A federal judge temporarily halted construction Tuesday on some, but not all, of a $3.8 billion oil pipeline slated to pass through North Dakota, South Dakota, Iowa and Illinois. The Dakota Access Pipeline has been met with resistance by Native American tribes who say they will be affected by the pipeline’s close proximity to their sacred sites and water supplies. The Standing Rock Sioux tribe took its complaint a step further, suing the federal agency responsible for the construction.

U.S. District Judge James Boasberg said Tuesday that work will temporarily stop between North Dakota’s State Highway 1806 and 20 miles east of Lake Oahe. However, it will continue west of the highway because he believes the U.S. Army Corps of Engineers, which approved the pipeline, lacks jurisdiction on private land.

A decision is expected by the end of Friday on the Standing Rock Sioux tribe’s challenge of federal regulators’ decision to grant permits to Energy Transfer Partners, the Dallas-based operators of the Dakota Access Pipeline.

A video from news site Democracy Now! released on Sunday shows native protesters and allies confronting construction workers and their security forces. The protesters chanted “We’re not leaving!” and marched on the property, where construction workers had already begun to bulldoze.

The video shows security guards pepper spraying protesters and security dogs attacking them. Medics confirmed that six people were bitten by dogs. Around 30 people were pepper sprayed. Of those, only 12 were treated.

When asked by a reporter from Democracy Now! what he had sprayed, a construction worker replied, “I haven’t sprayed anything.”

A spokesperson from Energy Transfer Partners, Vicki Granado, placed the blame for the violence on the protesters.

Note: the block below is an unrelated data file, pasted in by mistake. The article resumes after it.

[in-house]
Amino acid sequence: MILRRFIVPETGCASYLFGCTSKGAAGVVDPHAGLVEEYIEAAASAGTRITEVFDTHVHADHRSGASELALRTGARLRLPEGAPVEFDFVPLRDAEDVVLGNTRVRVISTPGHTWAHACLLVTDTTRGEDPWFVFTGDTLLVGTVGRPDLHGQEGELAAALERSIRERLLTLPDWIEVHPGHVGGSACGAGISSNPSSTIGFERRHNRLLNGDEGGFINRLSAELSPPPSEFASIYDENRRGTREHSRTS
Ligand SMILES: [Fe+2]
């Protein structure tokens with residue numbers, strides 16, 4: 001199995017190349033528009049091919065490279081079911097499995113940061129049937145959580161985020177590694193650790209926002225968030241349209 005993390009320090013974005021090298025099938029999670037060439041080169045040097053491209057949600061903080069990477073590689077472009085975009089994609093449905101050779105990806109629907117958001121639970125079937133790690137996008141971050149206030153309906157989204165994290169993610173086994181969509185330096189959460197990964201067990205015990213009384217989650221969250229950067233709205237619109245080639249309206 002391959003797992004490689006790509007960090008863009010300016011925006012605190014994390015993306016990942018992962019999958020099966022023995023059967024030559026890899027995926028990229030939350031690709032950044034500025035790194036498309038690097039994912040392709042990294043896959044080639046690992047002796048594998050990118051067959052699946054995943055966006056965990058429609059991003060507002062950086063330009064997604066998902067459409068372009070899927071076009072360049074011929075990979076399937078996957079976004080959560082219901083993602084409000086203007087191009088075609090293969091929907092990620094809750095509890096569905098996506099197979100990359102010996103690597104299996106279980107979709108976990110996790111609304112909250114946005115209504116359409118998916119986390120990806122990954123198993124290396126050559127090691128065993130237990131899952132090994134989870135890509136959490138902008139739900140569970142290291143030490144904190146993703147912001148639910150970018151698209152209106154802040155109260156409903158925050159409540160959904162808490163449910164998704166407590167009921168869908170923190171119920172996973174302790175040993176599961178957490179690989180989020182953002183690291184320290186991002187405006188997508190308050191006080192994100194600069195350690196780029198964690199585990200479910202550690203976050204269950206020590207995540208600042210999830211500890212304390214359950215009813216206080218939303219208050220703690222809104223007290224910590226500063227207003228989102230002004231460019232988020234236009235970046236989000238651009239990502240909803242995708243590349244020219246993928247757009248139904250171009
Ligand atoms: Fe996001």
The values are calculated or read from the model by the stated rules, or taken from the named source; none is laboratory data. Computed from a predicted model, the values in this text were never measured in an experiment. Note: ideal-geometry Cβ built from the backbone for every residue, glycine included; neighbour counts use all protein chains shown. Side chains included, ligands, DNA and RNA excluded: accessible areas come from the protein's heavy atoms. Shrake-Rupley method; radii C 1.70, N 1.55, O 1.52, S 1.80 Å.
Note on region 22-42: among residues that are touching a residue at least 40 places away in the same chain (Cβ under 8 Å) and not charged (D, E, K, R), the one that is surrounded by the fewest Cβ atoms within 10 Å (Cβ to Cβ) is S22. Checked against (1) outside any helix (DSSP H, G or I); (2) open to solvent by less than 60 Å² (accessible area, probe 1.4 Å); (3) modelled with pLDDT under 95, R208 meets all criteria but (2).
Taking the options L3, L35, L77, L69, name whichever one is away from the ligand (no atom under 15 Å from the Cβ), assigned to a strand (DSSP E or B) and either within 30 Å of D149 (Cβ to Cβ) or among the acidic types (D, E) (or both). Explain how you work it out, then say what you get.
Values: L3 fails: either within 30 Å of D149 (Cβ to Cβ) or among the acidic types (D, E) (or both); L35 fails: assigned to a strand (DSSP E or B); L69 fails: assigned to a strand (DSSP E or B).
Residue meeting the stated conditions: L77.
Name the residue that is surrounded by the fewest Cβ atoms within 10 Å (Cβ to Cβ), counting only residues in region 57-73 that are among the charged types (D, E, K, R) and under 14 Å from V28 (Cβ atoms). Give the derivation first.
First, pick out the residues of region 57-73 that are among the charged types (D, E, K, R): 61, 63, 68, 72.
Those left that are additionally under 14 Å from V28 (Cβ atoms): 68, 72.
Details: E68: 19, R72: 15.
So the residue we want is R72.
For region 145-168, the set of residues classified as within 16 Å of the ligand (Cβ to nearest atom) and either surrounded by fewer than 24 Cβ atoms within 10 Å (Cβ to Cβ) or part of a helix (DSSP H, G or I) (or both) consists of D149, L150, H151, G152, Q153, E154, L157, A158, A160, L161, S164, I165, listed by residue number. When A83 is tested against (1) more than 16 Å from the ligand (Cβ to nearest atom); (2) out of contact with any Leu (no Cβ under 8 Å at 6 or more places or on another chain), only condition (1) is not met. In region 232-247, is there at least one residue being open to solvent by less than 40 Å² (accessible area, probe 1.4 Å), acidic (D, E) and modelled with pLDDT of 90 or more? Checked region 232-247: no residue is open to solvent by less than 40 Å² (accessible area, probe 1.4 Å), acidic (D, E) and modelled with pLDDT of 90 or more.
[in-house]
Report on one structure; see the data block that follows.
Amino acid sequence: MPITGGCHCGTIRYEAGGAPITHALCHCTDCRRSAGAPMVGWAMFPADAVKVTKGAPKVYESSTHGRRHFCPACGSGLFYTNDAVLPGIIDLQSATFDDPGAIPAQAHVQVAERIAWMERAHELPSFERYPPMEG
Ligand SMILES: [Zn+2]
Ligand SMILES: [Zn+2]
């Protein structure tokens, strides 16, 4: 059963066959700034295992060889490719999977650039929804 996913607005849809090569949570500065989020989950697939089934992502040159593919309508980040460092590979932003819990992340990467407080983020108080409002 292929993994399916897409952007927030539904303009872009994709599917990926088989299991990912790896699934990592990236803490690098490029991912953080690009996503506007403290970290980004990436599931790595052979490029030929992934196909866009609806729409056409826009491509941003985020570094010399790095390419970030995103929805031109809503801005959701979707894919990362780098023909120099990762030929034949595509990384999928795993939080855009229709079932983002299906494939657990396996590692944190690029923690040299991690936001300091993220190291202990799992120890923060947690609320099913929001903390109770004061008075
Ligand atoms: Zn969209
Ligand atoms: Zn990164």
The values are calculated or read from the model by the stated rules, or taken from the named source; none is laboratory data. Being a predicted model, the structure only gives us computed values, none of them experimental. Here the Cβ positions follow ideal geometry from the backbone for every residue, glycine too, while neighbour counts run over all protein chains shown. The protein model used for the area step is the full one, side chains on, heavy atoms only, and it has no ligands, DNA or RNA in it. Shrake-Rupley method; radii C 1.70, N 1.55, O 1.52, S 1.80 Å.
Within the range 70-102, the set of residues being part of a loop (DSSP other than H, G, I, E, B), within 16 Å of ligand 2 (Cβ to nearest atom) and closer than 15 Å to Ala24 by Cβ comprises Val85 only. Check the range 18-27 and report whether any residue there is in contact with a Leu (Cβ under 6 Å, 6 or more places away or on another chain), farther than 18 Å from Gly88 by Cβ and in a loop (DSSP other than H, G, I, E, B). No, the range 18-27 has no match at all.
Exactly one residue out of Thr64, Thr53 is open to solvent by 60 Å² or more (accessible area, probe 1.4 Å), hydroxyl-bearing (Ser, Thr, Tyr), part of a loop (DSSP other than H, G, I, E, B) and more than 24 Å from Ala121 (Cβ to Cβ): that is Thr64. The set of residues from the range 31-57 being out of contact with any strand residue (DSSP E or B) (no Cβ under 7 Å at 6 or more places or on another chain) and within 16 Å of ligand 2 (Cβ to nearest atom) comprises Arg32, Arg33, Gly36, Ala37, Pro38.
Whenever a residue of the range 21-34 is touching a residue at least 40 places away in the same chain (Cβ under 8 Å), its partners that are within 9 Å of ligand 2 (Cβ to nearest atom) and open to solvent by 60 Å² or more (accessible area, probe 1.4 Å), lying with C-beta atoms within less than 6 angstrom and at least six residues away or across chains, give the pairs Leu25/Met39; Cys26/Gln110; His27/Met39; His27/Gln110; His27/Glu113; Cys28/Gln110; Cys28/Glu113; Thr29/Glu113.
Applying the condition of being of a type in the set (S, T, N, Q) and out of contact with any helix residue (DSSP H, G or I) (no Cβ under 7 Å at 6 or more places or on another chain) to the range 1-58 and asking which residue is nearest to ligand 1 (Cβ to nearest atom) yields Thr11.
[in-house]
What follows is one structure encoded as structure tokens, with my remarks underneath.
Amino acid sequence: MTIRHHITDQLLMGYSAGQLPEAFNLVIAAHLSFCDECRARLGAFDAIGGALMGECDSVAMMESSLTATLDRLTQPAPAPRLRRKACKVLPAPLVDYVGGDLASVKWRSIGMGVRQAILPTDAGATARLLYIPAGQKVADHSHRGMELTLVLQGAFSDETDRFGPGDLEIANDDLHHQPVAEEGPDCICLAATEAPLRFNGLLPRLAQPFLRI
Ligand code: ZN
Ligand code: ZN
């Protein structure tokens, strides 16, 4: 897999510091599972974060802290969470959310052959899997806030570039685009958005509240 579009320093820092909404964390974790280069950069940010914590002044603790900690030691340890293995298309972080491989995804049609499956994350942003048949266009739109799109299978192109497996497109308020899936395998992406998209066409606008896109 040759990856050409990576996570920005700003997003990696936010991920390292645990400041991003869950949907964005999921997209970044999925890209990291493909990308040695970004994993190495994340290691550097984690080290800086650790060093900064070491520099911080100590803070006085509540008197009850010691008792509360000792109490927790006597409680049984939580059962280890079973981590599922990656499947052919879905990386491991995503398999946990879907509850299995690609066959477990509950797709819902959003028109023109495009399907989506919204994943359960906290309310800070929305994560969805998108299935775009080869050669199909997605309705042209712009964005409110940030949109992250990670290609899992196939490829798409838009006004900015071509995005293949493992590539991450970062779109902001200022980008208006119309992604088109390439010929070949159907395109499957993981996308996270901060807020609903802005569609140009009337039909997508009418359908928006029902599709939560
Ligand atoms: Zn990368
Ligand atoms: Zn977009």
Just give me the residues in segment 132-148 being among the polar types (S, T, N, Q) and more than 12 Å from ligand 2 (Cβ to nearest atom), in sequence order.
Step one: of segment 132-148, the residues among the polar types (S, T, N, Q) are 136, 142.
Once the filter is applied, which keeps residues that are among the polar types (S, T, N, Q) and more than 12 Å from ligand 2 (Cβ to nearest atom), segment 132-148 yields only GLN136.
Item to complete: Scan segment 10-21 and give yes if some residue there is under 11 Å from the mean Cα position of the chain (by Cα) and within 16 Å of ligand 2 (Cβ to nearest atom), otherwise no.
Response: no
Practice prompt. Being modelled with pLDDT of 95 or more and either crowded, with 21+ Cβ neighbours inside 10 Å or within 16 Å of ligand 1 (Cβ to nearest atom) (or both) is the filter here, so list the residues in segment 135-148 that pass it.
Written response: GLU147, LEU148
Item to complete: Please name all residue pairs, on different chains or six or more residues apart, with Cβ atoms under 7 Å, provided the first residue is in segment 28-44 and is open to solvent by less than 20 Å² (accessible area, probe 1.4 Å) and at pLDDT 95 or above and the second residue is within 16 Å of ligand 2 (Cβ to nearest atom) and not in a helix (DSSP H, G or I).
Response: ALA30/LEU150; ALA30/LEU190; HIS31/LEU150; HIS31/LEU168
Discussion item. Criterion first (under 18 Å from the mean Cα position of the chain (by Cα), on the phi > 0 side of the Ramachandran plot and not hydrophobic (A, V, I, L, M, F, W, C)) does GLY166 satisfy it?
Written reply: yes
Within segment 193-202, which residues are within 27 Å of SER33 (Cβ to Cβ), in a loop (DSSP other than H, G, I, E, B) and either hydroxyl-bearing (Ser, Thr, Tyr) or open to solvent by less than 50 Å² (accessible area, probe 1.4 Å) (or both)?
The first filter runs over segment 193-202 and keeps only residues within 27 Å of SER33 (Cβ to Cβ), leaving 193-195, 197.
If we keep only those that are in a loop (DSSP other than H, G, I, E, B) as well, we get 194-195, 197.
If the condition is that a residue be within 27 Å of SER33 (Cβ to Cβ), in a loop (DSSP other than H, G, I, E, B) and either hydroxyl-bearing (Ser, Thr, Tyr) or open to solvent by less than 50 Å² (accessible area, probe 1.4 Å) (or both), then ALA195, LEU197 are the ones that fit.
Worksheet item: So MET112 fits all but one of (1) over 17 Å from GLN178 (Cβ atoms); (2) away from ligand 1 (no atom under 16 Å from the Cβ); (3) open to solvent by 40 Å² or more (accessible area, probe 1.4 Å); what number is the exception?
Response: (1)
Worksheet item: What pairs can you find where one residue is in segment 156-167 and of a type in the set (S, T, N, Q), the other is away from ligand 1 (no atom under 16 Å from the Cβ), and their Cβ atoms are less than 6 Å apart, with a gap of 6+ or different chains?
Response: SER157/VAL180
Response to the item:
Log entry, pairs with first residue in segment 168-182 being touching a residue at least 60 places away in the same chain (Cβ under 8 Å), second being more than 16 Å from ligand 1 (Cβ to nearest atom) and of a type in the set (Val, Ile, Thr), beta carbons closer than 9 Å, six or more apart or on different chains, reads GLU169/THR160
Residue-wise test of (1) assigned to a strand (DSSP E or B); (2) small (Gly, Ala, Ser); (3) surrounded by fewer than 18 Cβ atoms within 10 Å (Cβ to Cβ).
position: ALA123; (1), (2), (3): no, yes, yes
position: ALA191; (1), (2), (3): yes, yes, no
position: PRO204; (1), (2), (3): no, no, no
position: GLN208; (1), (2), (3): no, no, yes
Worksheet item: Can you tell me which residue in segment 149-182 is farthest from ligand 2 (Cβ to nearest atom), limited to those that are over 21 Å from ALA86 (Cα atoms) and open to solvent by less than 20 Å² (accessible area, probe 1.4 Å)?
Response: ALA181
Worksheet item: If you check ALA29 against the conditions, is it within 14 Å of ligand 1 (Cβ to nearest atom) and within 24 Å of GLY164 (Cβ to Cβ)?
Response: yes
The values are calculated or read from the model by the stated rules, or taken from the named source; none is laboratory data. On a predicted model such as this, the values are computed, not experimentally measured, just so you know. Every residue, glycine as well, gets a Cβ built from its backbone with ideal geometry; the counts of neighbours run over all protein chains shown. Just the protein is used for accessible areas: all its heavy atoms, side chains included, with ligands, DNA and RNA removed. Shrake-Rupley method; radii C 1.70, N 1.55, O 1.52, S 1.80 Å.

“It is unfortunate that what has been portrayed as a peaceful protest by the opponents of the pipeline has now turned to violence and intimidation by a group of criminals and activists,” Granado said in a statement. “Assailants broke through a fence and attacked our workers. We are working with law enforcement to ensure that all offenders are arrested and prosecuted to the fullest extent of the law. We will not tolerate the assault and/or injury to our employees or contractors. The safety of all those associated with our project and those living in the area is our top priority.”

It is worth noting, however, that the protesters did not bring security guards. The protesters did not use pepper spray; the protesters did not use attack dogs. These were all means employed by Energy Transfer Partners, the same organization that then tried to turn the tables and make the protesters, who are only concerned about the safety afforded to them by clean drinking water and the preservation of their historically-corrupted land, appear to be in the wrong. Unfortunately, this is a tried-and-true tactic of silencing opposition.

A number of people and publications, including media site Common Dreams, are calling on Democratic presidential candidate Hillary Clinton and President Barack Obama to speak up in opposition to the Dakota Access Pipeline project. Green Party presidential candidate Jill Stein is the only candidate who has been vocal. In fact, she spray-painted construction equipment at a protest Tuesday, tagging a bulldozer with the words, “I approve this message.” Morton County Sheriff Kyle Kirchmeier said she would be charged with vandalism.

In a country where Native Americans have been historically oppressed – in clearer words, systematically killed and herded onto small reservations over the past several hundred years – it is appalling that a candidate and a president who both consider themselves progressive would be silent on this issue. Hundreds of indigenous Americans have gathered in protest of this project; why don’t they have the support of their government? Obama, the same president who struck down the Keystone XL pipeline, now stands in silent shame.

Where our government fails, it is our responsibility as engaged citizens to speak up. Where our mainstream media fails to report on subjects like these, as most have over the past couple of months, it is our responsibility to educate ourselves from independent news sources and people on the ground. We are on the cusp of failing the indigenous people of America again – and we cannot let that happen.

The Free Thought Project lists 10 ways we can help fight the Dakota Access Pipeline project. Here are a few:

  1. Call North Dakota governor Jack Dalrymple at 701-328-2200.
  2. Sign the petition to the White House to Stop the Dakota Access Pipeline.
  3. Donate to support the Standing Rock Sioux.
  4. Donate items from the Sacred Stone Camp Supply List.
  5. Contribute to the Sacred Stone Camp Legal Defense Fund.
  6. Contribute to the Sacred Stone Camp GoFundMe account.

Photo courtesy Lars Plougmann, Creative Commons